Graveyards are made and maintained by the living, as sacred places to the memory of the beloved dead.
And the social history of a parish is wrapped up in it's graveyards.
By studying graveyards we can tell who the big landowners were; who had a middling farm and who had none. We can identify the trades families engaged in. And one of the most commonly encountered trades is that of blacksmith. For graveyards, blacksmith's made iron crosses, grave surrounds, and put together grave railings. But mainly blacksmiths made the iron gates that close-off the sacred space.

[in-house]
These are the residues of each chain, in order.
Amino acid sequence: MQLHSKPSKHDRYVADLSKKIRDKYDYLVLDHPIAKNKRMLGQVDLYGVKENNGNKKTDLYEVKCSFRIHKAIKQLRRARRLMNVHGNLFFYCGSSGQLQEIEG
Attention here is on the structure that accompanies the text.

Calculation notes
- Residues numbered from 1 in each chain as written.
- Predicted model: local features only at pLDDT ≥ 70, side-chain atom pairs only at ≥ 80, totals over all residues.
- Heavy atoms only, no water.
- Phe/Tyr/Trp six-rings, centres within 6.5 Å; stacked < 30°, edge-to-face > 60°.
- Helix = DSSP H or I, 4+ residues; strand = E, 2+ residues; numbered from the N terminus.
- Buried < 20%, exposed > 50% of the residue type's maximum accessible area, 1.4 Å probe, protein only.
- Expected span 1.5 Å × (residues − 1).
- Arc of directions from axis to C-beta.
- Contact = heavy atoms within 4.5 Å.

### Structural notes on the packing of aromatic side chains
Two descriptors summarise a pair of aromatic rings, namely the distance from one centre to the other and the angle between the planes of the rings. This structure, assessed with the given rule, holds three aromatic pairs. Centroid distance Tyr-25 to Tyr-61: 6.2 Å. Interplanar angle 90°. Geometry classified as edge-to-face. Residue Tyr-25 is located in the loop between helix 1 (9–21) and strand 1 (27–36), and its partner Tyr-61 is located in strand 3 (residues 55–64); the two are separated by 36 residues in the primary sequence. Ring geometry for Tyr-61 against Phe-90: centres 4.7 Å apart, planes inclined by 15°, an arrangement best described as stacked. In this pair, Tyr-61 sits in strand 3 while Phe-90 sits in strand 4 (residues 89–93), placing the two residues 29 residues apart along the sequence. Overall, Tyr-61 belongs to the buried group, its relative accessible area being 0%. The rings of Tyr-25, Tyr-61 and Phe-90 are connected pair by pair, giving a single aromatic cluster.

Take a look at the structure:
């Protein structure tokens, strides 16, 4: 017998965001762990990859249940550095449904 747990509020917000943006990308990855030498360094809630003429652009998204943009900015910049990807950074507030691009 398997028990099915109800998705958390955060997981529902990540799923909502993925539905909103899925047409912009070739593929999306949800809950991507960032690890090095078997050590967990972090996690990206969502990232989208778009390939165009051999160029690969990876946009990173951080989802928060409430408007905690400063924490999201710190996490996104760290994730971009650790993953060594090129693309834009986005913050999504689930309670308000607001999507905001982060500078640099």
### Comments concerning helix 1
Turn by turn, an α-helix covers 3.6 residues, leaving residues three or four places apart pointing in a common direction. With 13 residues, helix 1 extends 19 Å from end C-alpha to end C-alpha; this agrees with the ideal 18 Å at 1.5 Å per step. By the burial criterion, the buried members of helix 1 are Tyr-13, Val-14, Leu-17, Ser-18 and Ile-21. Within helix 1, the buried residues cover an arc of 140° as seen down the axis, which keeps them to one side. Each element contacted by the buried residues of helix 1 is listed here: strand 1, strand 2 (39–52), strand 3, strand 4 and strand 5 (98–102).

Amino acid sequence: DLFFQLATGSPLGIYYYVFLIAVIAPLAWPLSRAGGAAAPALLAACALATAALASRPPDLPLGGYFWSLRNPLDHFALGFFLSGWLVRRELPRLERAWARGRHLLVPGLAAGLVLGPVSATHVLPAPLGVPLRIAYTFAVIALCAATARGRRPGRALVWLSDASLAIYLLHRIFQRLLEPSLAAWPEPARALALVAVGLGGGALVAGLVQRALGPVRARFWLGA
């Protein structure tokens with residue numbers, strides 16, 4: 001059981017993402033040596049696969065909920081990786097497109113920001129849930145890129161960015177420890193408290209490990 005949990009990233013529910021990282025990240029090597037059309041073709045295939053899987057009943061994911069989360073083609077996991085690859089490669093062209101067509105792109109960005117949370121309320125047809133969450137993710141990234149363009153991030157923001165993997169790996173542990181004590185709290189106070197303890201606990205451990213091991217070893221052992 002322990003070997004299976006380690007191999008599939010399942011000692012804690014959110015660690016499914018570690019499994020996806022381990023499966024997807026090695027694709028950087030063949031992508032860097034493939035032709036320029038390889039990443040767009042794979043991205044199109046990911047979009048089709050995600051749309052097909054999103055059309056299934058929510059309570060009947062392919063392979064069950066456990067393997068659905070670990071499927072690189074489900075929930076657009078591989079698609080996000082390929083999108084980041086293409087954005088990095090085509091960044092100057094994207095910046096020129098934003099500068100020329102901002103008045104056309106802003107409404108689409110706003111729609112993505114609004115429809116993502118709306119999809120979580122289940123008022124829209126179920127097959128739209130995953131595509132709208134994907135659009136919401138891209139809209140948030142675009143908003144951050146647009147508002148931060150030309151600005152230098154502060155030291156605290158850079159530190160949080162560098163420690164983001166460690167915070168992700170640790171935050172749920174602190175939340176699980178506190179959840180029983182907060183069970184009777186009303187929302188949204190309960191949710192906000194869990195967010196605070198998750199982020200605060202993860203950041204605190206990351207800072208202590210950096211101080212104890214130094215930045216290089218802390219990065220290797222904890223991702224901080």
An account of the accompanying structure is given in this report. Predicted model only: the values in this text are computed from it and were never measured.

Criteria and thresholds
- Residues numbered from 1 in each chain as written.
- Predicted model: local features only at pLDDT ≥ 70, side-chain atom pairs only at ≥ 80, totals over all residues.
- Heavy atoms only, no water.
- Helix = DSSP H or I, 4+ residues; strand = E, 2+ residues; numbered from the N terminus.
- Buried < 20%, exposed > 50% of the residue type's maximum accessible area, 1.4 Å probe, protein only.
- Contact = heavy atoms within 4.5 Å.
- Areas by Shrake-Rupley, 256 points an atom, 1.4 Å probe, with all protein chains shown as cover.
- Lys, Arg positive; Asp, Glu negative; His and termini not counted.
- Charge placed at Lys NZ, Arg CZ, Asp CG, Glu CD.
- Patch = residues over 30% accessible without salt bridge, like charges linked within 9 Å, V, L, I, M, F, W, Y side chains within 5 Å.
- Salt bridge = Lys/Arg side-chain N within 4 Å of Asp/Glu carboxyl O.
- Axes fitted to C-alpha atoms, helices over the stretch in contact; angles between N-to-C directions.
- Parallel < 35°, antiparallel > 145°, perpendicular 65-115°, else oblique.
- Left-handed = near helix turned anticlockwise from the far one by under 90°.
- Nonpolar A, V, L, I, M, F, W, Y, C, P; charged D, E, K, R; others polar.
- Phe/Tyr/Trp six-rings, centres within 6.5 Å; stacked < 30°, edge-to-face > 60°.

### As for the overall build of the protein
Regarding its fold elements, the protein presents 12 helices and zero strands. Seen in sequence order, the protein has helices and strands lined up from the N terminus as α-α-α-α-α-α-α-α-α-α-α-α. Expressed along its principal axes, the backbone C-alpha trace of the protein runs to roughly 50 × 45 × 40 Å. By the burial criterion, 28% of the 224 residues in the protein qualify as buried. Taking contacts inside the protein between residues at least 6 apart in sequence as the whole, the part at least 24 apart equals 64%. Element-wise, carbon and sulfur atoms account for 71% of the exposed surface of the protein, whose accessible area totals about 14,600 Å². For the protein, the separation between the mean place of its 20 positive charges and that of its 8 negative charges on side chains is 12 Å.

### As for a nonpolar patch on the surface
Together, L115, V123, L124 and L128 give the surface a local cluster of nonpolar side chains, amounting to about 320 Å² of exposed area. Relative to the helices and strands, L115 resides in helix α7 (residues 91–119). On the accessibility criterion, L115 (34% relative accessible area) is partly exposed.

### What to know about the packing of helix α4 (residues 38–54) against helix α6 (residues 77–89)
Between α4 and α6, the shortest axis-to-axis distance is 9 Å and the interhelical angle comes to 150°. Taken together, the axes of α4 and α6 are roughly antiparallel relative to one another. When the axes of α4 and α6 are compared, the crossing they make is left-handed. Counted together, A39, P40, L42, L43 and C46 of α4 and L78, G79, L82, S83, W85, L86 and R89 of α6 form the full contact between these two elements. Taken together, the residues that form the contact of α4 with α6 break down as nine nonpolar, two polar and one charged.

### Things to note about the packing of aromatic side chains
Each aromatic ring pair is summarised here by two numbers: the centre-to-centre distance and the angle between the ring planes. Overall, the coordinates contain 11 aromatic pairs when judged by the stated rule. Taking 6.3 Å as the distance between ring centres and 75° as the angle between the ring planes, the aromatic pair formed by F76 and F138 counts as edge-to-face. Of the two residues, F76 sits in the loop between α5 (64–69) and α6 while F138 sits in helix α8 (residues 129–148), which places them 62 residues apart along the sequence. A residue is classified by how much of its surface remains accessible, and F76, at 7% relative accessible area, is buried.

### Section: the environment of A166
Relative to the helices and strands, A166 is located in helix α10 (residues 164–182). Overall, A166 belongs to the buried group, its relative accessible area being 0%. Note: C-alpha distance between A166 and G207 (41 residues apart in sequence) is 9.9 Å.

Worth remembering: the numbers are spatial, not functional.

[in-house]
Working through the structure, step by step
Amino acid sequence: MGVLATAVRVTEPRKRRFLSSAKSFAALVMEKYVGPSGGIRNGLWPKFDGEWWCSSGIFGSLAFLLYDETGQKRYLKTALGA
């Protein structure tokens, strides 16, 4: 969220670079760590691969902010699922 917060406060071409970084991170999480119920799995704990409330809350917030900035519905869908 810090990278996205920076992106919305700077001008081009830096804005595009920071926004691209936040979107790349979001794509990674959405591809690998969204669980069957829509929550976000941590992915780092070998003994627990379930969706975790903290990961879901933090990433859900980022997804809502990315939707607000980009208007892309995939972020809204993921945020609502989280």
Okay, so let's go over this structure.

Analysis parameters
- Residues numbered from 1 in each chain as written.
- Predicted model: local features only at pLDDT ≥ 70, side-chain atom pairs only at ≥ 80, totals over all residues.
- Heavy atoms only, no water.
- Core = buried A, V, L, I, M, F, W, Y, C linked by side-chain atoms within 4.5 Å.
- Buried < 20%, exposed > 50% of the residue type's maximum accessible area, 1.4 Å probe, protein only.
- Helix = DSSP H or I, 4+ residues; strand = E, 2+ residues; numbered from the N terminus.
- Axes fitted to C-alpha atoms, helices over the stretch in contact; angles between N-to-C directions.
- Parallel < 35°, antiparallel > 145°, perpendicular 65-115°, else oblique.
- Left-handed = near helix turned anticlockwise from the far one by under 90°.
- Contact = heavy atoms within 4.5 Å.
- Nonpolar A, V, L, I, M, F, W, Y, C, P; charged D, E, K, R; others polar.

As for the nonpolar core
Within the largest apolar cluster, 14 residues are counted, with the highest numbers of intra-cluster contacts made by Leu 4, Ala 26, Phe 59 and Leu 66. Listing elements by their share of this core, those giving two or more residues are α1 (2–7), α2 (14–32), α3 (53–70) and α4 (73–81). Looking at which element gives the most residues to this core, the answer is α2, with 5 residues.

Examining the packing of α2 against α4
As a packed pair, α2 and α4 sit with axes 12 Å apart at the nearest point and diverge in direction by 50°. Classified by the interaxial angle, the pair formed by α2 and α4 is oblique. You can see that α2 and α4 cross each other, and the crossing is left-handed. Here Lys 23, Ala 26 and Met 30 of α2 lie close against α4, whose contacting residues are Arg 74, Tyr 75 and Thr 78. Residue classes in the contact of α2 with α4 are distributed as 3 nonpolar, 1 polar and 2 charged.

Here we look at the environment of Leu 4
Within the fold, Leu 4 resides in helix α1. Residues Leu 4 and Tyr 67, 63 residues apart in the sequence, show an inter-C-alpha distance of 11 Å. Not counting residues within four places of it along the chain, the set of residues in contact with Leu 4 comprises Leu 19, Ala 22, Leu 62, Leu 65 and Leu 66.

Off the top of my head, maybe half to a quarter of all Irish rural graveyards still have their original early 19th century iron gates. For those people of the Irish diaspora whose family members left Ireland after the 1820s it probably means their ancestors may have used the same gates that stand in many graveyards today. There are plenty of published accounts of parish committees purchasing, and having erected, gates from the 1820s onwards. Examinging nineteenth century legislation on the enclosure of graveyards the most effective act seems to have been the 1847 Cemeteries Clauses Act which stipulated